July 4, 2017 by Dymphna 2 Comments

TBT: Why China banned Peppa Pig

Have you stopped and taken stock of your own personal culture?

So I thought this article was kind of interesting. China has banned Peppa Pig.

Peppa Pig has been one of the best selling children’s books in China in recent years. But now Peppa, along with a number of other foreign titles, is being banned.

As the post says:

“The order opens a new front in a broad campaign to reduce the influence of foreign ideas and enhance ideological control, applying restrictions to animal cartoons and fairy tales written for toddlers and older children that have few political implications.”

Peppa does have some counter-revolutionary tendencies, and that episode where she expresses solidarity with Trotsky probably was a mistake in hindsight, but an outright ban is a bit harsh isn’t it?

That’s China for you.

And while we might think China’s approach is a bit heavy, I think we can see where they’re coming from.

Who we are as people is shaped early. Our childhood makes us the people we are, and the ideas we’re exposed to when we’re young can have a lasting influence.

That’s true the whole world over.

A friend of mind has two kids, aged 4 and 6. She confessed to me the other day that she really has no idea what ideas they’re consuming.

Since she got a Netflix account, the kids have access to hundreds of kids’ titles.

But are they a good influence?

She has no idea. She tries to keep up with it, but she can’t sit down and watch every episode of every series. She can barely keep track of the options.

And since the kids learnt how to navigate their own way around the ipad, it’s even harder to keep tabs on what they’re watching.

Like a lot of mums, I guess, she’s worried about the ideas her kids are picking up. She says they’ll say things or do things and she’ll think, “where on earth did that come from?”

And she’d like to have more control, but in the end, the Netflix editorial board has the responsibility of culturally indoctrinating her children.

(What could go wrong?)

Now let me ask you a question. What was your cultural indoctrination?

We tend to think that this is a problem for the young, because the cultural influences are so coarse and powerful and obvious. Disney releases “Frozen” and suddenly the phenomenon is everywhere.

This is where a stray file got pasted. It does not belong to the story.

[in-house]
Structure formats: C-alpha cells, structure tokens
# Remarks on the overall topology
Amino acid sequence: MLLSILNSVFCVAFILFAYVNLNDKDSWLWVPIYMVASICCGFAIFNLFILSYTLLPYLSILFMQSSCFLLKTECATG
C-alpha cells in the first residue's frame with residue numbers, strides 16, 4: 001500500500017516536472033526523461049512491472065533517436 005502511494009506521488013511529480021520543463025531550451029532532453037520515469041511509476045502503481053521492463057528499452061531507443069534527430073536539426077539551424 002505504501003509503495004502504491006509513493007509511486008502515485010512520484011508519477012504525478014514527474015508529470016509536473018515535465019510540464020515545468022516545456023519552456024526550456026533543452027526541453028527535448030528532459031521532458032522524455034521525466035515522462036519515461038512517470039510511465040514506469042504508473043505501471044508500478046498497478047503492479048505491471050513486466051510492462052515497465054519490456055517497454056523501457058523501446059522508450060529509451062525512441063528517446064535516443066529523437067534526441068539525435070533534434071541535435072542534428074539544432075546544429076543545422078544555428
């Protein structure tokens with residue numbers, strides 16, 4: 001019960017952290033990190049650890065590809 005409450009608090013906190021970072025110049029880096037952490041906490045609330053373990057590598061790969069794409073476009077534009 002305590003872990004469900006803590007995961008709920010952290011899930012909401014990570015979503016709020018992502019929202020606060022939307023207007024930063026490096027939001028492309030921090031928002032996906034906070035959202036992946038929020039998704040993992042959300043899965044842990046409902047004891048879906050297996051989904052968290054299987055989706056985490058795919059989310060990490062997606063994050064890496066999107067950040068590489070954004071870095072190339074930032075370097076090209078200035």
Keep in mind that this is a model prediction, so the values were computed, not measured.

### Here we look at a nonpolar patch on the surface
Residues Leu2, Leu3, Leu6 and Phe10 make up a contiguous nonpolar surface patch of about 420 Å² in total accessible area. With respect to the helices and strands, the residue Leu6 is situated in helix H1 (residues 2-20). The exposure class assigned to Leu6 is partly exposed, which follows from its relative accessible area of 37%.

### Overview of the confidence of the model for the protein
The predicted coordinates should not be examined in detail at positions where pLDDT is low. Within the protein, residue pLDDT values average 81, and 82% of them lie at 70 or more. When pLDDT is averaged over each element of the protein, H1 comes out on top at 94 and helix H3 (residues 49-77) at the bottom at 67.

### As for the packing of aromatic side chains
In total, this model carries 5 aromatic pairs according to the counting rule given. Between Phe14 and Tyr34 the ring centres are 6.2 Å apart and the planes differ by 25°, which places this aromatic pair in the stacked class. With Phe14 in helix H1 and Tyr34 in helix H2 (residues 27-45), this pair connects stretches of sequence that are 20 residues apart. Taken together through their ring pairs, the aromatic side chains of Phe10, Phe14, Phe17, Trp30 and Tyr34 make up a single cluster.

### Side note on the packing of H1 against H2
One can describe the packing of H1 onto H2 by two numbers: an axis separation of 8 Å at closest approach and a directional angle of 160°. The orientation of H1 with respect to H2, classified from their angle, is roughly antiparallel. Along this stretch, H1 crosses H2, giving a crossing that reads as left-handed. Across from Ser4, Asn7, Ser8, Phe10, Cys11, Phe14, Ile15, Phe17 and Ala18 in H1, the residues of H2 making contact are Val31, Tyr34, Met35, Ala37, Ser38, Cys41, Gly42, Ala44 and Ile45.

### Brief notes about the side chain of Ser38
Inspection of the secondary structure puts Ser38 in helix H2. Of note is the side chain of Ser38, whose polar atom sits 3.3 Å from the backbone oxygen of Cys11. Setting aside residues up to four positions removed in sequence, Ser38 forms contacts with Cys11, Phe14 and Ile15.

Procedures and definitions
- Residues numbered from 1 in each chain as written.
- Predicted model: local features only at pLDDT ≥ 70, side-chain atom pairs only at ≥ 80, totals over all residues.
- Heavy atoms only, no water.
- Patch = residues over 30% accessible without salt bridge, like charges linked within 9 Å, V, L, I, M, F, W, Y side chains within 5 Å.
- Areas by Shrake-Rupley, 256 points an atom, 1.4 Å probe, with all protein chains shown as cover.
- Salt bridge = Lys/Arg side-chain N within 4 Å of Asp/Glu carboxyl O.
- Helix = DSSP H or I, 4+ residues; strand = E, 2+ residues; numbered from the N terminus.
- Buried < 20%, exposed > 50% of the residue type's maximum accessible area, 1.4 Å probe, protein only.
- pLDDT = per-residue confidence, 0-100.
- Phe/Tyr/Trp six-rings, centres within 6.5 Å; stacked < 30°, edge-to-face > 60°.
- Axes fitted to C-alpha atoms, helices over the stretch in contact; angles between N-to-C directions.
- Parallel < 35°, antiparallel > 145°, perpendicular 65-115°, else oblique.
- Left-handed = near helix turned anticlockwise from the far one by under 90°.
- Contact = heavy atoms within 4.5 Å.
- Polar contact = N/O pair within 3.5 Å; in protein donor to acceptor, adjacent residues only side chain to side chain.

It’s easy to pick it out from the cultural tapestry of the times.

But we all had an indoctrination of one sort or another.

We are cultural animals. We come into the world as blank slates, eager to learn about how the social world works. We watch, we learn, we mimic.

In time, we don’t think anything of it. It is “just how things are done”.

We live in culture the way we live in air – it goes unnoticed.

Often, it’s only when you travel that you realise that some of the things you do are uniquely Australian.

That some of our beliefs and values aren’t universal, but are specific to the time and place where we grew up.

We all have our Peppa Pigs.

However, the great thing about this is that culture is malleable. With a bit of work, you can change your beliefs – you can change your worldviews, and change the way you relate to money or success or relationships or whatever.

In fact, you should welcome this as the liberating fact that it is. Nothing is pre-destined. You can be whatever you want. You could have the passion of the South Americans, the rigour and precision of the Germans, the sunny countenance of the Brits.

You can be whatever you want.

And in many ways, this is where the work starts. I can give you all the techniques and strategies in the world, but if you’re stuck in a culture of poverty and self-denial, then it’s never going to help.

Now if I could go back and replace Peppa Pig (or Astroboy, or whatever it is you were watching as a kid), with something like “Richest Man in Babylon” I would.

(There’s a business idea for someone. “Richest Man in Babylon, the cartoon”. Maybe, “Peppa Pig in Babylon.” Nikelodeon, advance me a million bucks and I’ll come up with a treatment for you.)

It’d be great to have access to you as a kid. You were more malleable then.

But you’re not a lost cause. You just need to work a little harder.

And in many ways, the tricky thing is seeing what your own personal culture is.

And just as travel is the best way to get perspective on your national culture, exposure to other individuals really gives you perspective on your personal culture.

And this is one of the great things about the I Love Real Estate Community. We’ve worked really hard to create an optimistic, expansive, driven, passionate and supportive culture. It wasn’t an accident.

And people say that simply by being part of it, they have felt themselves be recalibrated at the DNA level. (Well, maybe not at the DNA level, but certainly at the cellular level. Yes. Look it up. That’s how it works.)

Success is contagious.

(And I’m looking to infect as many people as possible).

So come and let the ILRE community be your own personal Great China Central Administration for Indoctrination of Youth for Glorious Culture.

It’s your culture. It’s your choice.

Have you had to recalibrate your own culture? How did you do it?